"Save us, Lord our God," our Entrance Antiphon sings, "and gather us together from the nations, that we may proclaim your holy name and glory in your praise."

Tomorrow is Candlemas, the feast of the Presentation of the Child Jesus in the Temple, a feast of the light dawning in the darkness. At one of the weekday Masses, many of our parishes will bless the candles that will be used in church during this year. At some parishes, parishioners will be invited to bring candles to be blessed for use at the dining room table. Tuesday is the feast of Saint Blase, bishop and martyr. Blase is revered as a saint of healing and protection, and his memorial is marked by a blessing of throats: "May the Lord deliver you from every disease of the throat and from every other evil."

February is Black History month. Dioceses and parishes will join local organizations in marking the rich history of the Church's involvement with the African-American community.

In our prayer, we give thanks for having been claimed in Christ, and ask to be convinced in Christ of God's salvation. Let us, we ask, open ourselves to receive God's love in Christ.

For what are we praying?
Trusting in God's power, we ask to be configured to Christ, who loved God by loving his neighbor:

Help us to love you with all our hearts
and to love all men as you love them.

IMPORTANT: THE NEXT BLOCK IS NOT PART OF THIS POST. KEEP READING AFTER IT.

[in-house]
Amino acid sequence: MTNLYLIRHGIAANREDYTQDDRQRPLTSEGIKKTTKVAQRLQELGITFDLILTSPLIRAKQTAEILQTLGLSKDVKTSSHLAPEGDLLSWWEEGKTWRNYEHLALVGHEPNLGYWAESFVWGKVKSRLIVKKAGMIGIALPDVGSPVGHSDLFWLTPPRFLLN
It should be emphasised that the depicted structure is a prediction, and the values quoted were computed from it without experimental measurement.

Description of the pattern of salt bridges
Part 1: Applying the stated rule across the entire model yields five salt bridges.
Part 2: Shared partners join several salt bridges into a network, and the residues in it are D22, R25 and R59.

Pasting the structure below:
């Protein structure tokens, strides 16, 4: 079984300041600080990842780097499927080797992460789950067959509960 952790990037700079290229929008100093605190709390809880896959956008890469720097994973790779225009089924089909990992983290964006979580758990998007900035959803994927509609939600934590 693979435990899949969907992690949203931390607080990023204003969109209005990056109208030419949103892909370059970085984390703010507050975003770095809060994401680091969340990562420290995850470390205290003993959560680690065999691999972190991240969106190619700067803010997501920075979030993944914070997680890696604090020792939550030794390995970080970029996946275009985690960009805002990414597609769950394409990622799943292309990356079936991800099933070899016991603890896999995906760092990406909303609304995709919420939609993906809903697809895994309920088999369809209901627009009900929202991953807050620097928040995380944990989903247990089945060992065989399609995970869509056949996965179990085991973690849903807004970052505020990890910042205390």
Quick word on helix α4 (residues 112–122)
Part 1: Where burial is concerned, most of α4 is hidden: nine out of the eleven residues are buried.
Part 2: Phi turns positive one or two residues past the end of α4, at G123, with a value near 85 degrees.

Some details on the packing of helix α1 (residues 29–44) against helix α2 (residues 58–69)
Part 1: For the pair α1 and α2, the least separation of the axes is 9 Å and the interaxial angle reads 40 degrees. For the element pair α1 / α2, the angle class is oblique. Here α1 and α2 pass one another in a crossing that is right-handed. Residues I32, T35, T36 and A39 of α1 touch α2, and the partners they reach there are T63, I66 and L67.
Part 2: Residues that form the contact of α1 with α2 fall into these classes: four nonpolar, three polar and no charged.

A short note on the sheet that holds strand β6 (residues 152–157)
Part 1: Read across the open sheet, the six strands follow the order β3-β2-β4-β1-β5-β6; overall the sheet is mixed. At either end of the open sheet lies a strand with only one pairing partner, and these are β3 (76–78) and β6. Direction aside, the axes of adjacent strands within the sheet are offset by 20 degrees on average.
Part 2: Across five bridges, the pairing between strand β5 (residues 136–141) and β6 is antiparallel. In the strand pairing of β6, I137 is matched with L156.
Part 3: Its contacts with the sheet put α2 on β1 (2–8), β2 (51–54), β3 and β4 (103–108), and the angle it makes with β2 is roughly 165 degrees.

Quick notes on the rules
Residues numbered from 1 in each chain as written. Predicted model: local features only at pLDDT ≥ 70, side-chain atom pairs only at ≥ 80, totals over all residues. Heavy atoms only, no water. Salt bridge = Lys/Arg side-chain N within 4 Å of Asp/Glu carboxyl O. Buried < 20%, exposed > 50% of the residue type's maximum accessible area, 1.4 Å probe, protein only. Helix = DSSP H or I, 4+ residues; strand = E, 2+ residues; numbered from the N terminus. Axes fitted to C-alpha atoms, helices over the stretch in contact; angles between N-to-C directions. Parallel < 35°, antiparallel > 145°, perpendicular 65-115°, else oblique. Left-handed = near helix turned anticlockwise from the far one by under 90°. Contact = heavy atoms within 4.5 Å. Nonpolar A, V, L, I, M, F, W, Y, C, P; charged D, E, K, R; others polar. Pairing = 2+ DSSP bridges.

Liturgy of the Word
In the First Reading (Deuteronomy 18:15-20), we hear the promise that God will send prophets to lead the people in God's way. Over time, the basic promise received both a messianic and an eschatological application in expectation of a great prophet who would prepare the way for the Messiah. The Lectionary would see all these promises fulfilled in John the Baptist and in Jesus, who spoke God's words throughout his life and through whose ministry God's faithful love took definitive shape in our midst: "I will raise up for them a prophet like you from among their kin, and will put my words into his mouth."

What faithful prophets have called us to care for the powerless, to see the Lord in one another, to live with integrity, and to make peace in our families, our neighborhoods and our world? We're not always happy to have prophets in our midst. For whom are we particularly thankful? For whom do we pray? Expecting to hear God's word, we sing (Psalm 95): "If today you hear his voice, harden not your hearts."

Paul, expecting Jesus' return in glory at the end of the age, urges his hearers to focus their active waiting. We often think of Paul's attitude toward marriage only in terms of Ephesians 5; this very different view (1 Corinthians 7:32-35) rises from his awareness that any relationship, especially an intimate one, can be distracting. He urges the Corinthians to keep the primary relationship, which is initiated by and carried on by God, at the center of their attention: "I should like you to be free of anxieties. An unmarried man is anxious about the things of the Lord. . . . I am telling you this for your own benefit . . . for the sake of propriety and adherence to the Lord without distraction."